By 2016, Rene Creed had worked in the family business, motorcycles, for about two decades and owned a successful shop, Gateway Harley-Davidson in Mehlville, Missouri. But that year, she and her husband, Chris, decided to get out.

They had experienced a pair of tragedies: Their general manager, Jon Bailey, died in a motorcycle accident and a nephew, Tom Surdyke, died while saving a young man who was drowning in the ocean. Both instances reinforced the idea that “life is short,” Rene said.

“We liked the business we were in, but we didn’t love it, and so we decided to just take the risk and let go of the financial stability that came with it so that we could put our focus and effort into what we truly love, which was children — [including] our children — getting outdoors and riding bicycles,” said Rene, who has one daughter and seven sons.

Chris had been a top amateur bicycle racer, and the couple sponsored a professional team, Gateway Devo Cycling. So, they decided to remain on two wheels but lose some horsepower.

Over the next five years, the pair launched a camp to teach children with special needs to ride bikes; created a program to donate bikes and helmets to elementary school physical education classes; and started a pizza restaurant and bike shop, Pedal’n Pie in Crystal City, Missouri.

The Creeds now have a nonprofit, Living Life on 2 Wheels, to support their philanthropic initiatives and have received donations from local business owners, a foundation, and Walmart. They have delivered bikes and equipment to 27 schools in Missouri.

Most recently, they have started on what is perhaps their most ambitious project: a 650-acre mountain bike park in Jefferson County, named Plattin Peaks Trails. In addition to building trails on the property, the Creeds hope to move their restaurant there and offer camping and RV sites as well as an amphitheater.

The common thread among all the projects is the couple’s belief that “the outdoors and people having access” to them “is a big part of being a happy, healthy person, and we want to help provide that,” said Rene.

Plattin Roots
The Creeds embarked on the mountain bike park, in part, out of necessity.

In 2018, they conducted a weeklong biking camp for 15 children with special needs at St. Pius X High School in Festus, Missouri. Within a week of the camp ending, Rene told Chris that they needed their own venue, so they sold some property and purchased 820 acres in Jefferson County from Rene’s father, Gary Surdyke.

The couple is selling 170 acres and keeping the rest for the park.

Once they secured the land, they needed a master plan to submit to Jefferson County officials to have the property rezoned for multiple uses.

Plattin Peak Map

Gabe Presley, a landscape architect, learned about the project and wanted to help. His firm, DTLS Landscape Architecture, submitted bids to draft the plan, but when the Creeds told him they could not afford to pay such a fee and still have money for development, Presley spoke with the firm’s leadership, who agreed to work on it pro bono. (Mademan Design also volunteered to work on the project.)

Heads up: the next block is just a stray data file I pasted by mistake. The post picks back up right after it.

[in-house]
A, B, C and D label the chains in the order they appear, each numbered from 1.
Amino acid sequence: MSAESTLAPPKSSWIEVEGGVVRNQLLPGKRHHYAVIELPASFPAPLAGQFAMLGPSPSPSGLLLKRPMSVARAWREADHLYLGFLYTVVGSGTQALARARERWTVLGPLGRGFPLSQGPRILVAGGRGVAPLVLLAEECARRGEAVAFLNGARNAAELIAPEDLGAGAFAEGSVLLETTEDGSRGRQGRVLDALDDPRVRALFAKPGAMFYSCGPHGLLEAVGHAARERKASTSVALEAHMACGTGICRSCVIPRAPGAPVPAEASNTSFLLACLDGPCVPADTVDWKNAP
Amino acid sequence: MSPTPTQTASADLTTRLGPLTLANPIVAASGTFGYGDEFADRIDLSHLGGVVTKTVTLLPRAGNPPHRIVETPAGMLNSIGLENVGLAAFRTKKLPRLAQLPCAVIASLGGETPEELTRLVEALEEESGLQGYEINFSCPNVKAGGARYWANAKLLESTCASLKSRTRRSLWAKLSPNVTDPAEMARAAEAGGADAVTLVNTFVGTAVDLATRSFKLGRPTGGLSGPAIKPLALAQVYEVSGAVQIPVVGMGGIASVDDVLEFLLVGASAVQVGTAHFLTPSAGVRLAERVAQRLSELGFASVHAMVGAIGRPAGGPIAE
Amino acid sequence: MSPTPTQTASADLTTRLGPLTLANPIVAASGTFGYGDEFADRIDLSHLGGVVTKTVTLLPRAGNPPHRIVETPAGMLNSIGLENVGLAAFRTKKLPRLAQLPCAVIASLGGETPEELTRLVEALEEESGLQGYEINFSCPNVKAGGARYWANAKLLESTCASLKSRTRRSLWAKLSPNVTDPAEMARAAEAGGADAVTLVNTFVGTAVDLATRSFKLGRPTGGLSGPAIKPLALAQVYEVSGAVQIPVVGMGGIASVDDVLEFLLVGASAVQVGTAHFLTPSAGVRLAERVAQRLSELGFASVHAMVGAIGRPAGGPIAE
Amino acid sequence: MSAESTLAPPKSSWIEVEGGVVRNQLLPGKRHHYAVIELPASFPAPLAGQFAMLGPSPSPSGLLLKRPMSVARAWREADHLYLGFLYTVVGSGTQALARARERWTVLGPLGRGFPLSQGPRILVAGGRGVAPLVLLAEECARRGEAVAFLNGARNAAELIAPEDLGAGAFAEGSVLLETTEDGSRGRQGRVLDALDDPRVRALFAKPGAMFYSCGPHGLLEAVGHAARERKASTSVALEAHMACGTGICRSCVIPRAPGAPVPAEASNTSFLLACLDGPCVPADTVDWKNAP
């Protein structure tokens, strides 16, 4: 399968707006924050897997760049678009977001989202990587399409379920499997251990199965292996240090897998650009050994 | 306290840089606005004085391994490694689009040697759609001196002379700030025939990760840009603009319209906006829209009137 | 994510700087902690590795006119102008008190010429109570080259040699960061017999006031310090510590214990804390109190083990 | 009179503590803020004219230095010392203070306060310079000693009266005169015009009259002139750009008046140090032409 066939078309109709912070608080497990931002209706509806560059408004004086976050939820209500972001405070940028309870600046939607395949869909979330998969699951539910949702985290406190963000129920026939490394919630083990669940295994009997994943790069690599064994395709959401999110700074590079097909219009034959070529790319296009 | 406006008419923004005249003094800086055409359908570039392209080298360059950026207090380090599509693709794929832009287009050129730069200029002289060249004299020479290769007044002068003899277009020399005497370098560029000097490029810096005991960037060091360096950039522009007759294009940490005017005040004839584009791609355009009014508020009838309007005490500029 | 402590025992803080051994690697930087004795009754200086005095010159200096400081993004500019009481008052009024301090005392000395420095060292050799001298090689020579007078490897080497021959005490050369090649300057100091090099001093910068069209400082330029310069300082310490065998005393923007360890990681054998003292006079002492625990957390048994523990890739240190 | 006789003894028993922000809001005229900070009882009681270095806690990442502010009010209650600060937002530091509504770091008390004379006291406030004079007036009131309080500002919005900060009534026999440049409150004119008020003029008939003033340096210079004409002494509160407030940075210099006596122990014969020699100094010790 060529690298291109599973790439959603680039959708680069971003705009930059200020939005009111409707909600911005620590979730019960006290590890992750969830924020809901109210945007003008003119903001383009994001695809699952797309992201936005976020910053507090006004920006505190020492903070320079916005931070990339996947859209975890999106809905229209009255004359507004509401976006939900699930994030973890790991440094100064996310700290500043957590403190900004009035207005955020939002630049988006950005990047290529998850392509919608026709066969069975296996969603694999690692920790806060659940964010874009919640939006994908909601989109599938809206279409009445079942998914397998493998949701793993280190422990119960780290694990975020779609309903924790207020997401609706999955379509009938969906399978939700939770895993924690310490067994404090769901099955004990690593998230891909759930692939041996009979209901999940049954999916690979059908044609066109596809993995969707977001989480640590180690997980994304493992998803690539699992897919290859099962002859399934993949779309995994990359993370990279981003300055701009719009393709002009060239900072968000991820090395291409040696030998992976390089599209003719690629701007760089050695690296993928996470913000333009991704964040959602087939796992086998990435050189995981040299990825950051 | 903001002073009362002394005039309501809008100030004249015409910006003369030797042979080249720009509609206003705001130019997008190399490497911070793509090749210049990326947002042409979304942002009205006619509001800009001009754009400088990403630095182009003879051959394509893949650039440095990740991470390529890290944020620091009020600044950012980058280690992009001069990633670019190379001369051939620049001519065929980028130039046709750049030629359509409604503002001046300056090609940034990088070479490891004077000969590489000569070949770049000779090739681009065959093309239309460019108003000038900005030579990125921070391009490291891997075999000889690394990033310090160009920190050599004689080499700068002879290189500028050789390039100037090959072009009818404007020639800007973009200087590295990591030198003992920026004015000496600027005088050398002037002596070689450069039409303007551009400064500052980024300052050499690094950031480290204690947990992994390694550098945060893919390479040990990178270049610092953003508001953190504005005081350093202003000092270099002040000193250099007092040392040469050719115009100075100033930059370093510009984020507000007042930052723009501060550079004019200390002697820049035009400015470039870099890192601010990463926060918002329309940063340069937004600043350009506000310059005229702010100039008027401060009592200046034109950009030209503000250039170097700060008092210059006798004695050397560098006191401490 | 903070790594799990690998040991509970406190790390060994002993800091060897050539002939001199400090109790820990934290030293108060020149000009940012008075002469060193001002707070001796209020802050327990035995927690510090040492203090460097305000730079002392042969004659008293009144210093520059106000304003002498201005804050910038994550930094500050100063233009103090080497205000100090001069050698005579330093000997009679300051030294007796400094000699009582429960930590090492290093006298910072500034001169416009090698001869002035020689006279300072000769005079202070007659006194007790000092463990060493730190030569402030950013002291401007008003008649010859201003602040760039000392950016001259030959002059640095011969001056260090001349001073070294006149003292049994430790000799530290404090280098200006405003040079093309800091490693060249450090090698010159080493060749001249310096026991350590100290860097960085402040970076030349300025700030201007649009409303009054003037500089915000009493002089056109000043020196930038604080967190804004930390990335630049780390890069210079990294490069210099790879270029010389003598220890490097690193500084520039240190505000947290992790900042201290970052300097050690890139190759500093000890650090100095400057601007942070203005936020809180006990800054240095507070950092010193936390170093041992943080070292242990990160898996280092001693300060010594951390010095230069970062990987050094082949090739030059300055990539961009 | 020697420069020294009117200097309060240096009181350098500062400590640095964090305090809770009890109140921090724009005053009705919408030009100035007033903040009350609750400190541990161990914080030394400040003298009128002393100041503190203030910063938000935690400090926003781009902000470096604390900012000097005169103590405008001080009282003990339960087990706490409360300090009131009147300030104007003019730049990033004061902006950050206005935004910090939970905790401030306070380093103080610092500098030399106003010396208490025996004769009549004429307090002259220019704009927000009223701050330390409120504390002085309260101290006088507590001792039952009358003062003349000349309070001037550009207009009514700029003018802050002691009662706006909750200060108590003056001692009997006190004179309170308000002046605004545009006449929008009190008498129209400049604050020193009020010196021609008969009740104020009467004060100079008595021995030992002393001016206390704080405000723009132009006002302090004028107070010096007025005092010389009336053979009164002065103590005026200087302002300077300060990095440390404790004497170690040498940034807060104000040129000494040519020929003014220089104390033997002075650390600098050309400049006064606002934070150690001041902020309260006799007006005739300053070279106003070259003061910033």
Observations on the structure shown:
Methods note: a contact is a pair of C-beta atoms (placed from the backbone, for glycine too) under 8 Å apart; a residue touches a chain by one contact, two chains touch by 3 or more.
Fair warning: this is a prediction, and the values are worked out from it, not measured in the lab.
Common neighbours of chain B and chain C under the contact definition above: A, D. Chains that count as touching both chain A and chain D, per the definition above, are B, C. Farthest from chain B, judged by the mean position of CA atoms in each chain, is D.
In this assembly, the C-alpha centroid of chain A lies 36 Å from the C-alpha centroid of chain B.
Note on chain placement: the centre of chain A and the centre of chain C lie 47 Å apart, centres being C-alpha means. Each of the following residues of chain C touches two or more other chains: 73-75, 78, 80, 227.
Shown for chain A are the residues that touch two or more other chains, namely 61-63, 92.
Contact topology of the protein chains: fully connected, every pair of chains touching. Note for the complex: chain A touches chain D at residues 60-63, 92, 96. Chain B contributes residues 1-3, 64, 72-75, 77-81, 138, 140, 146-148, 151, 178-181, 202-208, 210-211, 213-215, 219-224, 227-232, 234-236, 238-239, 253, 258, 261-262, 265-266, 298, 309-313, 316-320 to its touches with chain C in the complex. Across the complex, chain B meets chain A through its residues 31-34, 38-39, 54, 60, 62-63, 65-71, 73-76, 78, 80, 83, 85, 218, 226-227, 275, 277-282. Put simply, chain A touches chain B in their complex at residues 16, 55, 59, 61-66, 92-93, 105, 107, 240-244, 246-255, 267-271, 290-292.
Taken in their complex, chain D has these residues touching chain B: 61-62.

“A lot of the glades in Jefferson County are underappreciated,” said Presley, who lives in the area. “The idea of opening up this large property to the public is something that is so exciting for me, and something that I definitely wanted to be a part of.”

Economic Boon
In late January, the Creeds planned to soon submit the zoning application to the county.

Neighbors could have concerns about the increased traffic due to the park, says Mitchell Bair, Jefferson County director of county services, but he doesn’t expect that to prevent the Creeds from opening the park.

“If anybody’s got the wherewithal to do it, they do. They are a very well-established family within the area,” said Bair, who grew up in the county and returned to work there last year.

Chris is confident Plattin Peaks will be successful because there are no mountain bike parks within 45 minutes of the property, which contains 300 feet of elevation and is just “incredibly beautiful,” he said.

Bair, whose daughter attends University of Arkansas, sees how the Walton family (founders of Walmart) has made northwest Arkansas a mountain biking hub as a model for Jefferson County.

“Not only is it going to bring people there, but everybody” will “spend those dollars in the adjoining communities of Festus and Crystal City,” said Bair.

In addition to approval from the county, the Creeds still need to raise money to develop the park, which as part of a nonprofit, will offer trails that are free and open to the public.

Local businesses have donated money. Main & Mill Brewing Company brewed a beer, called All Terrain, to support the park and gave a portion of its sales to the trail development.

Pedal'n Pie

Chris and Rene Creed inside Pedal’n Pie in Crystal City, Mo.

The Creeds plan to have more than 20 miles of trails on the property and hope to open some downhill, single track, and hiking trails later this year.

The second phase of the plan would include moving Pedal’n Pie to the property and constructing the amphitheater.

Most of the Creeds’ children work in the pizza shop and will also help clear trails and enjoy the mountain biking.

“It’s stressful, but honestly, it’s just feels like that’s what we’re supposed to be doing,” said Chris, whose family is Catholic.

People sometimes ask the Creeds when they will be done with the park, and Chris responds, “I don’t know that we will ever be done.”

Author: Eric Berger is a regular contributor to Terrain Magazine.